Its role in the immune system is again one of transportation. Antigens or foreign substances such as bacteria and viruses  are brought to the lymph nodes where they elicit an immune response, through activating the B and T lymphocytes and macrophages which are resident in the nodes. These then travel from the lymph nodes out through the lymph system and venous system to act as a control for any other antigens that are in the body.

This system is the cleansing component of our bodies. It transports vital nutrients and substances, hormones, cytokines and enzymes to cells and tissues where they are needed. It then clears these areas of metabolic waste and transports it back into circulation to be disposed of natural from the body.

Ok, but back to the topic – What is Manual Lymph Drainage?

It is a very gentle skin technique, used to increase the rate and flow of the lymphatic system. The therapist works on the skin using slow rhythmic repetitive techniques which should never inflect any pain or make the skin become red. The reason why it is so gentle is due to where the initial lymph vessels lie, just under the skin. The pressure has to be light as too much pressure will actually result in the vessels not being able to work, remember they are only one cell thick.   By working on the skin,  the anchoring filaments move which results in opening the vessels and drainage of lymph fluid.

The body has different watersheds which delineate skin territories. This is important in relation to lymph flow as each watershed drains to relevant lymph nodes. MLD encourages lymph fluid to drain in its own natural pathways or territories. However, these watersheds can become damaged and an example of this is when a person has lymph nodes removed due to a cancer diagnosis such as breast cancer. We now say that this watershed or territory is not intact as it is unable to drain into its relevant nodes. This intact system can result in lymphoedema, a lifelong condition that occurs when lymph vessels are unable to adequately drain lymph fluid from the affected area. This results in the protein sitting in the tissues and attracting water with the end result being swelling or lymphoedema. A MLD therapist has to work using a modified technique as the system is now damaged and an alternative pathway is needed to drain lymph fluid. Anatomies or opening between the territories can be opened and this results in a new pathway for the lymph fluid to be transported. Protein is now returned back into circulation and the water follows, thus the area becomes less oedematous.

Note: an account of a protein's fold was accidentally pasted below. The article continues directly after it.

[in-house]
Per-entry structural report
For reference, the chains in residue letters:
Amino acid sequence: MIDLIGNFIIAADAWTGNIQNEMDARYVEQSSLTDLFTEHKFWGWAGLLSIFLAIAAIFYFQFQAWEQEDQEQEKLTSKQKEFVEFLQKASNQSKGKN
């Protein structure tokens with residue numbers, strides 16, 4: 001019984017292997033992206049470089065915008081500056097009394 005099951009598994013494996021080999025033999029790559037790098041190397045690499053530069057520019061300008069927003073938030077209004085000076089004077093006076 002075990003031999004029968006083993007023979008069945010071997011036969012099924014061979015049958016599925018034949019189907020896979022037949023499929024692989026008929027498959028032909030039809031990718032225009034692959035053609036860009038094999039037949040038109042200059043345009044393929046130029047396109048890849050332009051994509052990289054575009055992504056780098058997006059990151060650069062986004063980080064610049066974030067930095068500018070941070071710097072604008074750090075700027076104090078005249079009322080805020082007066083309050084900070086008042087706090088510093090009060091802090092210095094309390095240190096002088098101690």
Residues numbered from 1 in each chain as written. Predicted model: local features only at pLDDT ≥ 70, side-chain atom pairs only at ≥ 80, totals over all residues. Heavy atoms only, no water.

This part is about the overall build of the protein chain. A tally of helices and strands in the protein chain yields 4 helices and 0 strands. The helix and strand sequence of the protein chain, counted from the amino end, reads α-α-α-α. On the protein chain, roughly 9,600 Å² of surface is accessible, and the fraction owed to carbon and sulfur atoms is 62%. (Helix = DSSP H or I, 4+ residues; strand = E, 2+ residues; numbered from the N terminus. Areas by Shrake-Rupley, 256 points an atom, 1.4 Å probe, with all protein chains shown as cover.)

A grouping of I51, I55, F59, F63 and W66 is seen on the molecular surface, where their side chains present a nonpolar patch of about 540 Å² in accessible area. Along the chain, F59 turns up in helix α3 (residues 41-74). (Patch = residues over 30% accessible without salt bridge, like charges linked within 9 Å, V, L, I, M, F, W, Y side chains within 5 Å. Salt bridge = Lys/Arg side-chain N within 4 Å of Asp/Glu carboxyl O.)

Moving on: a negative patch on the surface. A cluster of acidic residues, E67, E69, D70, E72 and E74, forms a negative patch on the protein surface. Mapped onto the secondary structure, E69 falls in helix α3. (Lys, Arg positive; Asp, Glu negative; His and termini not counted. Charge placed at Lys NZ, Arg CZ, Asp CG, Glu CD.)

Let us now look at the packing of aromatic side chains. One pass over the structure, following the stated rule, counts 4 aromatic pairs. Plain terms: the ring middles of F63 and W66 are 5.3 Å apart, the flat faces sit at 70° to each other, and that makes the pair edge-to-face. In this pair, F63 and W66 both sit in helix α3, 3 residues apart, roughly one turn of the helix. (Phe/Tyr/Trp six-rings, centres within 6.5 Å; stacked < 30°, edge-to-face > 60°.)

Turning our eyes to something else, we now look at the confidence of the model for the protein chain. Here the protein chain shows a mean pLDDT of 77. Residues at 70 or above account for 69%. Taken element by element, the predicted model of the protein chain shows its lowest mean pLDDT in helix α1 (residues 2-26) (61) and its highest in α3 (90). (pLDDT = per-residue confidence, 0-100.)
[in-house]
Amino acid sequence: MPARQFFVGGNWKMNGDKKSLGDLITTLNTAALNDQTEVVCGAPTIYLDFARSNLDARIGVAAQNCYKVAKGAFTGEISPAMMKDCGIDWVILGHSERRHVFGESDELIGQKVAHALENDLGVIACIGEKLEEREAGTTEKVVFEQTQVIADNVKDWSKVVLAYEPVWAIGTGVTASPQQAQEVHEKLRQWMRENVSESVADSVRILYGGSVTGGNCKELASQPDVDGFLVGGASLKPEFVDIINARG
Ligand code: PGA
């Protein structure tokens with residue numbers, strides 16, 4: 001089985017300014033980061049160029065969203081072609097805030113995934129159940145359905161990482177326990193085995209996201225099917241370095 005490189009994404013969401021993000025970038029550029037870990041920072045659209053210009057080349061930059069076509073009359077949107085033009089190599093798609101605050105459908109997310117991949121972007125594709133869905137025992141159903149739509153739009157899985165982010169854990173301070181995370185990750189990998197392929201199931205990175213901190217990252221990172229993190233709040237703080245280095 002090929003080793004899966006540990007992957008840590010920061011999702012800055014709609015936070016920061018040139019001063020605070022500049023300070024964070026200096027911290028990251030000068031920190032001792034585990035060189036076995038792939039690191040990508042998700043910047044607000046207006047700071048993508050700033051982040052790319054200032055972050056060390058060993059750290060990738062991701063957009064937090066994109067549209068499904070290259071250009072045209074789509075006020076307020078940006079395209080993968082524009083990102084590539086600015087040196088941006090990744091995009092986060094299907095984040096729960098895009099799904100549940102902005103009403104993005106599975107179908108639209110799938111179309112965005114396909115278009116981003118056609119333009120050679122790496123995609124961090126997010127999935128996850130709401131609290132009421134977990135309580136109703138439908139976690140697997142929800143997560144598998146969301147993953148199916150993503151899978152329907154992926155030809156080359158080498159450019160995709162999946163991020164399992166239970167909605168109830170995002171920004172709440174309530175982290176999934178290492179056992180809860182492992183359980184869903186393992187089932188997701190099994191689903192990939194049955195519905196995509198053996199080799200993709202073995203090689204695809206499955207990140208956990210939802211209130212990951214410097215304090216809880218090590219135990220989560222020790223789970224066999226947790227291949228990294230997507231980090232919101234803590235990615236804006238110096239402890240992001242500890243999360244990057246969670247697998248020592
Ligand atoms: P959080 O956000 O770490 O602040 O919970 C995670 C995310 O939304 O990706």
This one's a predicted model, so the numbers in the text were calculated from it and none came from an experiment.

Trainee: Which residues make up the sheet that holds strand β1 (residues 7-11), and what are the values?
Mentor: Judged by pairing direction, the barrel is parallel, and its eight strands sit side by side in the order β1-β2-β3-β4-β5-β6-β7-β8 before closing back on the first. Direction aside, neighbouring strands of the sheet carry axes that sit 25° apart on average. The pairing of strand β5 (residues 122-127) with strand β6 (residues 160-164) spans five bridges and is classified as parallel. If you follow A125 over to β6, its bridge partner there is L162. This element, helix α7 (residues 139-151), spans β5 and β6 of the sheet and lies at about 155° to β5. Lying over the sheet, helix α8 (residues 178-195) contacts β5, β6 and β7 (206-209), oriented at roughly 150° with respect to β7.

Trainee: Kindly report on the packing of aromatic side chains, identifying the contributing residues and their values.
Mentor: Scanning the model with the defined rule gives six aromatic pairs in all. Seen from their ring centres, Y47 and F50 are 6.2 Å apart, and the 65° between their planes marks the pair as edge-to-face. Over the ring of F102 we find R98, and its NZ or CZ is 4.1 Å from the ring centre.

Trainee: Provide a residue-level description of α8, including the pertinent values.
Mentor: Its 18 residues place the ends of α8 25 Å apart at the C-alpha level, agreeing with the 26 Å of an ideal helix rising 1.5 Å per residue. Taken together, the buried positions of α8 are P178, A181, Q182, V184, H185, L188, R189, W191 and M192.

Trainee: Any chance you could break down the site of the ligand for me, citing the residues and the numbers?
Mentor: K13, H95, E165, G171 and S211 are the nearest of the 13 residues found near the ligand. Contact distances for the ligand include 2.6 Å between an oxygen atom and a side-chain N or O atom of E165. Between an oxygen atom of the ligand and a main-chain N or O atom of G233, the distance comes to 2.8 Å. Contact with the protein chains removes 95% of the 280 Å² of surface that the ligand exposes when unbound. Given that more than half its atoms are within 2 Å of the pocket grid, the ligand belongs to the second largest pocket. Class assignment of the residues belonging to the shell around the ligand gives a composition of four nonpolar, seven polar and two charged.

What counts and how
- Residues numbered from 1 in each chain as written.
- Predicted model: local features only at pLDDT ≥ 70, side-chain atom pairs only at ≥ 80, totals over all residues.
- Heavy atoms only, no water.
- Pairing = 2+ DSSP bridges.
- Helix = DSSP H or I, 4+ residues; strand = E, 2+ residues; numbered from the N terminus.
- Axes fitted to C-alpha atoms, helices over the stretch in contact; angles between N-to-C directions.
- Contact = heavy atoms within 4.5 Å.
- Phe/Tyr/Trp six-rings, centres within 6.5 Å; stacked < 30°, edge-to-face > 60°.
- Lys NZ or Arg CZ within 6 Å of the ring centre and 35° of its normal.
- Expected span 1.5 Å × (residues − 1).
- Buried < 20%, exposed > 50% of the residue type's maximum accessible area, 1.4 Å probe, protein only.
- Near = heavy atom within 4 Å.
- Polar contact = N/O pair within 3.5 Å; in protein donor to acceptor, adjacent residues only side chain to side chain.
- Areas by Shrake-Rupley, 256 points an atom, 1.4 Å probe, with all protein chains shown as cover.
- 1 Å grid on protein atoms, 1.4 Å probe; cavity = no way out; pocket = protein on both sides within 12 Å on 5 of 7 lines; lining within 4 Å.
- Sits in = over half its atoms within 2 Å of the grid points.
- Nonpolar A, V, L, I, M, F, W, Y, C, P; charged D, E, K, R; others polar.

As mentioned previously it doesn’t have its own pump and from time to time our lymph system can become sluggish. When it occurs harmful substances can build up in our bodies. This can result in symptoms such as headaches, fatigue, acnes, pain and inflammation to occur. Using MLD we can kick-start the lymphatic system and increase its rate and flow. This will result in the elimination of these harmful substances and reduction in health issues.

MLD as a treatment for

These are just some areas that MLD can be used as a treatment for.

  • Detox by aiding digestion and alleviating constipation
  • Promote wound healing and improve appearances of scars
  • Bruising and swelling due to trauma
  • Reducing pain
  • Stress related illness
  • Encourage relaxation and improve the quality of sleep
  • Alleviate sinusitis, acne, acne rosacea, cellulite
  • Reduction of oedema due to….
    • Arthritis
    • Reduced mobility
    • Pregnancy
    • Lymphoedema

 

Should you have any questions or need further information about MLD, its uses, the benefits or would like to have a treatment do get in touch.

Here’s a short video on what is the lymphatic system and how do we support it. http://goo.gl/sJFe7P

 

 

 

 

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You can contact me the following ways...

Wellbeing Techniques, Tottenham Green, Taghmon, Co. Wexford

087 7510761